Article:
Throw on top of all of this that the Congress, and the federal government, are still operating under the Budget Control Act (BCA) of 2011 — commonly known as “sequestration” or the draconian spending limits Congress set for itself to force a compromise, and then did not implement one, thus leaving those draconian cuts in place.
So what, you may ask? First let’s take a look at the 2016 NDAA, and unfortunately, we must dig into the weeds a bit more. In order to bypass the sequestration spending limits the Republican Congress proposes to put $38 billion into the Overseas Contingency Operations (OCO) account. The OCO is used to pay for war fighting and counter-terrorism operations in Iraq, Afghanistan and elsewhere. Instead, the proposed bill directs the Defense Department to use the money (or at least a substantial portion of it) to pay for core costs that should be paid for under the regular budget accounts. This is a direct attempt to over-ride sequestration for the Defense Department. Why do this? Because under the law, to increase Defense spending, cuts must be made in other areas of an already tight budget and the Republican leadership is not willing to do that. Democrats are threatening to block the NDAA and the president is threatening to veto it for two reasons. One, they think the hard choices should be made. Two, and more importantly to them, they think there are domestic programs that need increases as well. Part of the “deal” with the BCA was that all parties would suffer in order to force a compromise. It didn’t happen and now, the Democrats argue, Republicans are trying to implement different rules for Defense than those that were originally agreed upon. No one is sure what will happen in the coming days and weeks. Democrats do not want to look “anti-defense” and yet they cannot allow this budgetary legerdemain to stand as it will set a precedent that probably is not good for the long-term fiscal or policy interests of the U.S. And remember, this is just the authorization bill, they have yet to fully grapple with the appropriations bill that will actually spend money.
Similarly the Highway Trust Fund — used to build and maintain the nation’s federal highways, bridges and the like — is due to go bankrupt. No agreement could be reached on how to fund it so for the thirty-third time (33!) in the past six years, a continuing resolution keeps it in operation until 31 July of this year. The Highway Trust Fund was established with the Federal Highway Act of 1956 and resulted in the interstate highway system that became the backbone of commerce in our country. It gets its money from the federal fuel tax, which has not been raised in 22 years even though expenditures are outpacing income and our infrastructure crumbles. There is little agreement on how to continue to fund the program. Many proposals made, none enacted. There is little expectation that anything substantive will happen in July.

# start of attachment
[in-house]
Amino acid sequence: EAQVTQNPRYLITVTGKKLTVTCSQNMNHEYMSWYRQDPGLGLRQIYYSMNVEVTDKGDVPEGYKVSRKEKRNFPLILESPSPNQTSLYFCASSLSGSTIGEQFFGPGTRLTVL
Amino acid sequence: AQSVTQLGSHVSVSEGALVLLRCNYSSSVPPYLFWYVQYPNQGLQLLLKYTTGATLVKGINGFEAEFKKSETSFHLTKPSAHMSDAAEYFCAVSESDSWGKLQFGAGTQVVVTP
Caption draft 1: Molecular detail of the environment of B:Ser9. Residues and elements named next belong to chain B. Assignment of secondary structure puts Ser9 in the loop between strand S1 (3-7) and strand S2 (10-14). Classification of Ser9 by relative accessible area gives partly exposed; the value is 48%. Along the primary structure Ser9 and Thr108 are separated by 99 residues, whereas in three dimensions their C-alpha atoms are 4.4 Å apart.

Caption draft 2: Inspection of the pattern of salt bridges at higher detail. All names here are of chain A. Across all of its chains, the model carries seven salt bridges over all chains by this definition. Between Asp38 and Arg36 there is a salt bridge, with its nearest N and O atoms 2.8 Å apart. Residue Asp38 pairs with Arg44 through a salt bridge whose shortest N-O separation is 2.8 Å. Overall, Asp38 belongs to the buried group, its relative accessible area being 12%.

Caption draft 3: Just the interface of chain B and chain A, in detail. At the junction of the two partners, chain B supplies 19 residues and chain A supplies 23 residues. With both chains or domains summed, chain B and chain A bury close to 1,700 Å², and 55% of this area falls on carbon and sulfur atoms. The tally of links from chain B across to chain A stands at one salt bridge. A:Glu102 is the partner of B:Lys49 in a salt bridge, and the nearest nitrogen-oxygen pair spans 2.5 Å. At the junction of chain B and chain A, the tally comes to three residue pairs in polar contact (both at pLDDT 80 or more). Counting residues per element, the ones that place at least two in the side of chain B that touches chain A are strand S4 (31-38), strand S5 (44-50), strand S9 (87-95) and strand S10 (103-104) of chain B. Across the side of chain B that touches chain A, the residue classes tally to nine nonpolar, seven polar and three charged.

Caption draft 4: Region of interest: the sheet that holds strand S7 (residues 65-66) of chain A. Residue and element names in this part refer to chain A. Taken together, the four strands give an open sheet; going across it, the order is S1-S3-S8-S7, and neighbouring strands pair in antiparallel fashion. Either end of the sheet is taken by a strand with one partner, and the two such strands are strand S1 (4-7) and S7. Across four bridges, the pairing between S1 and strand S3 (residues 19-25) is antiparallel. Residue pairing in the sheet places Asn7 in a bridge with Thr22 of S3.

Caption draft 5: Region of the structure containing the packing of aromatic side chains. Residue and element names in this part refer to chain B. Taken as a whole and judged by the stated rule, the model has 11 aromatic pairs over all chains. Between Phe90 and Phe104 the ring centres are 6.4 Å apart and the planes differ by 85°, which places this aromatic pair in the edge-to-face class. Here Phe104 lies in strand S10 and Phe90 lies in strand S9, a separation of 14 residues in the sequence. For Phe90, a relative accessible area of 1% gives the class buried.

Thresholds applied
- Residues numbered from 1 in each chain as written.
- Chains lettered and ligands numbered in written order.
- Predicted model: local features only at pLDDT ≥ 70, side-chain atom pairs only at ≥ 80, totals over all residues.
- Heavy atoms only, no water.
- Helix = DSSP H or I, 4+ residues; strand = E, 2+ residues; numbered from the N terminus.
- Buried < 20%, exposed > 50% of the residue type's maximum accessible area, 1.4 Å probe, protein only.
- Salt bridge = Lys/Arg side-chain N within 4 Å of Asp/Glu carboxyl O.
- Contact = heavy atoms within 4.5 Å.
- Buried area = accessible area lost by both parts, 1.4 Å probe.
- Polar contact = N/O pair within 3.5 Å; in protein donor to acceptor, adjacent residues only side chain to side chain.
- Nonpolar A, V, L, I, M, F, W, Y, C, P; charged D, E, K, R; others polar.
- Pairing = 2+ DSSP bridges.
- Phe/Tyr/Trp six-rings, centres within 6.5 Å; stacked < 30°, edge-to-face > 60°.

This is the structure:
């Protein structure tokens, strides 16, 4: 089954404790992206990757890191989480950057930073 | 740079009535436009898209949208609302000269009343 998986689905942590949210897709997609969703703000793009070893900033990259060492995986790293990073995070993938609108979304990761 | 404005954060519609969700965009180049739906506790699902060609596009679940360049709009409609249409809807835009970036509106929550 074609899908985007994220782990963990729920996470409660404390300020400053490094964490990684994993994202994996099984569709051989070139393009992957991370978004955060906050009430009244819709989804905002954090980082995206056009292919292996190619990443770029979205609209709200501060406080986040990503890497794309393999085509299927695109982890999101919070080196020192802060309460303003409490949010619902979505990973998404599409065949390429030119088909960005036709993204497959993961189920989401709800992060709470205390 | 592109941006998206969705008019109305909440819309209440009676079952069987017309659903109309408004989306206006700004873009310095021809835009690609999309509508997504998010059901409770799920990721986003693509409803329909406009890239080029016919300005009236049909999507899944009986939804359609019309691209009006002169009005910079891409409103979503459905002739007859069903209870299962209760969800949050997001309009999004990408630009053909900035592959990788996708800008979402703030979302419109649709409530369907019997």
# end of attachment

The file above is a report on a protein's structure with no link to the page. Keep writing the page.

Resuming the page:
Besides being political footballs, these two bills represent many others that impact our economy and the ability to get things done. Acquiring weapons, raising armies and navies and training the men and women to man them takes long-range planning, long-range contracts and long-range funding. Building roads and bridges likewise takes long-range planning and funding. When civilian contractors cannot expect to be reliably paid, they are reluctant to take on new work. This hampers us all. Most politicians agree that our defense is important (perhaps the most important thing that a national government does) and that our infrastructure needs significant upgrading and maintenance. These programs also produce jobs, jobs, jobs, of which every politician of every stripe argues we need more. Just get on with it.
Not tied to spending is the dithering over the Authorization to Use Military Force (AUMF) that President Obama sent to Congress in February to authorize our current military action against ISIS and other terrorist organizations. It is now ten months since we began air operations against them. Experts predict the AUMF will never come up for a vote. The most important role of Congress is to authorize the use of force by our military under the president as Commander-in-Chief and they won’t even take it up in committee, much less bring it to the floor for a vote. I fail to understand why. If the president’s proposal is lacking in some way — and several argue that it is — then fix it! Pass your own legislation to authorize military force against ISIS and other terrorists. Many (all?) of the fifteen or so (I lose track) Republicans running for president are critical of our current policies. Four of them are Senators. Bring up some legislation to get things moving. To be fair, there is resistance on both sides of the aisle. Some Democrats complain that the proposal is too expansive and can get us involved in another Middle East war. Some Republicans complain that the proposal is too restrictive and may preclude other courses of action should new developments occur. Okay — but I don’t see how doing nothing at all is productive. What it does do is allow the president to continue his current course of action — a good thing if one supports his policy. Not so good if you don’t. But the bottom line is the same either way — the Congress is abdicating its most important responsibility and has no immediate plan to do anything about it.
All I see is poor leadership. All the way around. Unfortunately, it is business as usual.